Wasserman R.L.,Medical City Childrens Hospital | Melamed I.,e International Research Centers | Nelson R.P.,Indiana University | Knutsen A.P.,University Institute of Health Sciences | And 4 more authors.
Clinical Pharmacokinetics | Year: 2011

Background and Objectives: Immunoglobulin replacement is a standard therapy for patients with primary immunodeficiencies. Subcutaneous administration of immunoglobulin offers more constant IgG levels than intravenous administration and simplifies administration for some patients. Use of L-proline as an excipient contributes to the stability of highly concentrated IgG preparations. The aims of the present study were to evaluate the pharmacokinetics of IgPro20 (Hizentra®), a new 20%subcutaneous IgG solution, and compare the area under the serum concentration-time curve (AUC) with that of a similar intravenous 10% IgG solution (IgPro10; Privigen®). At the request of the US FDA, an algorithm for determining IgG trough level ratios (TLRs) was developed in order to provide physicians with a practical tool for monitoring doses during steady-state IgPro20 therapy. Methods: This was a prospective, open-label, multicentre, single-arm, phase III clinical trial conducted in the US. The study was performed in a primary-care setting. Eligible patients were males or females aged 6-75 years with a primary immunodeficiency (common variable immunodeficiency or X-linked agammaglobulinaemia) who had received regular treatment with IgPro10 for at least 3 months prior to entering this study and had achieved serum trough concentration (Ctrough) values ‡5g/L. IgPro20 was administered subcutaneously once weekly at initial doses equivalent to 130% of patients' previous doses, based on the results obtained in a Vivaglobin® study and due to an FDA request. After runin, each patient's dose was adjusted to achieve an AUC comparable to that achieved with IgPro10 administered intravenously. Results: Eighteen patients completed the study. Mean IgPro20 : IgPro10 dose ratio (dose adjustment coefficient) was 1.53 (range 1.26-1.87). The resulting mean AUCs were 105.6 g®day/L for IgPro20 versus 103.2 ®day/L for IgPro10 (geometric mean ratio 1.002; lower one-sided 95% confidence limit [CL] 0.951). Thus, the primary endpoint of the study was met, as this result exceeded the pre-specified criterion of the lower one-sided 95% CL of ≥0.8 for non-inferiority. At these AUCs, which were considered equivalent, the mean IgPro20 : IgPro10 TLR, determined by the developed algorithm, was 1.29 (range 1.18-1.73). Titres of specific antibodies tested were well above respective product specifications, suggesting that protection against infection would be effective. Conclusion: Steady-state AUCs with subcutaneous IgPro20 and intravenous IgPro10 were equivalent. Mean dose adjustment coefficient and mean TLR can be used for initial dose conversion without risk of underprotection but vary too widely to be considered measures of equivalence. © 2011 Adis Data Information BV. All rights reserved. Source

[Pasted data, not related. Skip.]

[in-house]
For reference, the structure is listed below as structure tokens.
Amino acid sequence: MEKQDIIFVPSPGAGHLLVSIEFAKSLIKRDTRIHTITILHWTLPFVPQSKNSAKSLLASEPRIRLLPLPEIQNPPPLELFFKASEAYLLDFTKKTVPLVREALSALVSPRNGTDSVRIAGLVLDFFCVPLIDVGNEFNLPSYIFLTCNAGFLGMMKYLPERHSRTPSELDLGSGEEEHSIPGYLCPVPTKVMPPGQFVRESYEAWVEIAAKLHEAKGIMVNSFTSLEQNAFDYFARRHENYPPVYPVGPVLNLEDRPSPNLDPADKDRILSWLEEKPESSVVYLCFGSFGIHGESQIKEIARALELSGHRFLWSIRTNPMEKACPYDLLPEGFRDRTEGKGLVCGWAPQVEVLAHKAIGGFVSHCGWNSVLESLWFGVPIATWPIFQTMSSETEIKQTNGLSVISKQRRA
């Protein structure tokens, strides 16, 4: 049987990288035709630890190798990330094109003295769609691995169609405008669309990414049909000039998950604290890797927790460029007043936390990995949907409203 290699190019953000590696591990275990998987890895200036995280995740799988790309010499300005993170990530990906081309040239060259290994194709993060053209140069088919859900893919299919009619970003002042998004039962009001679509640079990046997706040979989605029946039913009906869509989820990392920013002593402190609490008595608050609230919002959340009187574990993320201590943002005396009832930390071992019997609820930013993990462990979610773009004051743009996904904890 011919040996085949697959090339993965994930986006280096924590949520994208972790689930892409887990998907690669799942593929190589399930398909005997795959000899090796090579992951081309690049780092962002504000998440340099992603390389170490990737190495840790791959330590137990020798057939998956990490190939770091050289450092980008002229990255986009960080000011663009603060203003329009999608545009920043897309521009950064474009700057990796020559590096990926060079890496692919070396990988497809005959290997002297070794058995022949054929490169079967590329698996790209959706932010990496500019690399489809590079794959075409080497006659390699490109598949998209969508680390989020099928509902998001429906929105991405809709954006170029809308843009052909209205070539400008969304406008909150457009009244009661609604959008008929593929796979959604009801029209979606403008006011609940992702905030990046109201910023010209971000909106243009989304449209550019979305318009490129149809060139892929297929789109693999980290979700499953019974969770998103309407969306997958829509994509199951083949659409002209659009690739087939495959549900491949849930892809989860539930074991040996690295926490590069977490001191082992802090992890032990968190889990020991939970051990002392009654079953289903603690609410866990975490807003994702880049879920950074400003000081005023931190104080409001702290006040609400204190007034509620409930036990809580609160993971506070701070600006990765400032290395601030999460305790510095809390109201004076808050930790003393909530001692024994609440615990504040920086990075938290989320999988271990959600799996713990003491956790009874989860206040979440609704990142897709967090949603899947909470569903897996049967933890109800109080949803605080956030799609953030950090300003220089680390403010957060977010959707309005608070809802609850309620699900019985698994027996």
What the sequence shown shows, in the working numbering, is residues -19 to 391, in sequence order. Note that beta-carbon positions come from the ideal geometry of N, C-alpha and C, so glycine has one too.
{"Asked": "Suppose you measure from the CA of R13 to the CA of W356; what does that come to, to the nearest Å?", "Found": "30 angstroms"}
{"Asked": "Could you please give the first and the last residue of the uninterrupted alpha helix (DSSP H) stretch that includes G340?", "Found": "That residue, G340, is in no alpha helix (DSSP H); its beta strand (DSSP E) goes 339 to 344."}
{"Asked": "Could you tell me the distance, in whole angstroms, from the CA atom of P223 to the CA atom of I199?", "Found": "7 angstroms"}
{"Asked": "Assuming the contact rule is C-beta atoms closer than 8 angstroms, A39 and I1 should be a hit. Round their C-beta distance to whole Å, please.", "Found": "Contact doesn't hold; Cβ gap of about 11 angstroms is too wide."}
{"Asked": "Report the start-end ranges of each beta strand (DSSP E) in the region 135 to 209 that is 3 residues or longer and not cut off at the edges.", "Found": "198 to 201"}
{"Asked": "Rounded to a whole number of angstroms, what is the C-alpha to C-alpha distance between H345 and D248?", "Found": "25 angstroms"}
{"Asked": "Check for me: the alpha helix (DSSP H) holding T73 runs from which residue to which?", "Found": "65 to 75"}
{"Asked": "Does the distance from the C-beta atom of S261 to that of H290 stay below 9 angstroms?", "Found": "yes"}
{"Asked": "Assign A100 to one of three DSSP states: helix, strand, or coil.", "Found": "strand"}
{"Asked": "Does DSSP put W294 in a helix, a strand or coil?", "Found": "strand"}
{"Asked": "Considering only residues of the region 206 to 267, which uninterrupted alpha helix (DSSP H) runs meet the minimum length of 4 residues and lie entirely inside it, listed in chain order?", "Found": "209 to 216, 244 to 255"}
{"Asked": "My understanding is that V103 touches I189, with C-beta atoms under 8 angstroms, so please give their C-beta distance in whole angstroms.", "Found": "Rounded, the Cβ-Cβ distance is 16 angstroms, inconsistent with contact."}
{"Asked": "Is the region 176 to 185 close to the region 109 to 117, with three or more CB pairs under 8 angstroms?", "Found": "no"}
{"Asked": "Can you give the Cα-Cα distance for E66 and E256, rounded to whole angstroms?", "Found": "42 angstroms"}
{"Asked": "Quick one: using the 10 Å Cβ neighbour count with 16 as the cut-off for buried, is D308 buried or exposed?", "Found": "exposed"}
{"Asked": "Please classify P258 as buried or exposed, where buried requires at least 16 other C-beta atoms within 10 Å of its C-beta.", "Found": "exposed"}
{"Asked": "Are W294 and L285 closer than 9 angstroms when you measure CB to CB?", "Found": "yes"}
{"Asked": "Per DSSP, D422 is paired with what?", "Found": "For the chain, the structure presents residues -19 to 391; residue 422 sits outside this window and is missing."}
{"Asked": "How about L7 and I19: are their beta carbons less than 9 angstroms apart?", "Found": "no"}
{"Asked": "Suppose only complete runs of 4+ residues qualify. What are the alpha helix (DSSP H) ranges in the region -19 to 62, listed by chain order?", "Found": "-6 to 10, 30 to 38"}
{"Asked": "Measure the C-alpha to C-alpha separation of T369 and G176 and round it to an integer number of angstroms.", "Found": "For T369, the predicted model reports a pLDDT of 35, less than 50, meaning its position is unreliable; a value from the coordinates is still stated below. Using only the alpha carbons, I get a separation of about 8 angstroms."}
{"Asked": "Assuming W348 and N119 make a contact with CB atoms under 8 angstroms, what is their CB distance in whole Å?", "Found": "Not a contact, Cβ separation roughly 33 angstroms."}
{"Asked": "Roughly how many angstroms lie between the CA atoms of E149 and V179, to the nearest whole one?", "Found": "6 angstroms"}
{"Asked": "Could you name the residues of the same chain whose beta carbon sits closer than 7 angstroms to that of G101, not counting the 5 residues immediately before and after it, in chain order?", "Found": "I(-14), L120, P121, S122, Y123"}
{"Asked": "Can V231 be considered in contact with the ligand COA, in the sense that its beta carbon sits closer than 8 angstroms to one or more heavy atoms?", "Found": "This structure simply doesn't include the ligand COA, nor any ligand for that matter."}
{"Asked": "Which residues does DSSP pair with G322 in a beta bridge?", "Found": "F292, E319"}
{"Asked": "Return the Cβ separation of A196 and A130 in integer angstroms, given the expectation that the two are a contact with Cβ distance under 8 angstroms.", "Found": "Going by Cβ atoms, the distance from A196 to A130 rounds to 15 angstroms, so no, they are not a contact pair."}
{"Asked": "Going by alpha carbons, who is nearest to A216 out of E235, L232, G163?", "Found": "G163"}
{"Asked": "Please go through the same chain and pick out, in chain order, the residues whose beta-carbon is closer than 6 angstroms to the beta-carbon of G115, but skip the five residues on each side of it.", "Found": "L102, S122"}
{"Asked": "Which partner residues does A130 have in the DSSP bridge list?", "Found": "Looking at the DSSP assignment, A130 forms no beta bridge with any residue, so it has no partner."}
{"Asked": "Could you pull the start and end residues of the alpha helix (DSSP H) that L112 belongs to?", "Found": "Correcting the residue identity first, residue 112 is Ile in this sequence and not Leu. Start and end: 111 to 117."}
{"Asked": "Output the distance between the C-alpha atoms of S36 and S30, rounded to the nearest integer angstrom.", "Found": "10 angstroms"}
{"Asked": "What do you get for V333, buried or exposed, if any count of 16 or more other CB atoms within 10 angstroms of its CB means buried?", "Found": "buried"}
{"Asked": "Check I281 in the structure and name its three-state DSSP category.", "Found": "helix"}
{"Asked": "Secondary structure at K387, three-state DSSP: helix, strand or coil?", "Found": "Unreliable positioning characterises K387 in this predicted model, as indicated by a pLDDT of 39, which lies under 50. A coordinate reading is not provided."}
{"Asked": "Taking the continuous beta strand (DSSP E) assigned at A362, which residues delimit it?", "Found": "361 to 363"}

Discover hidden collaborations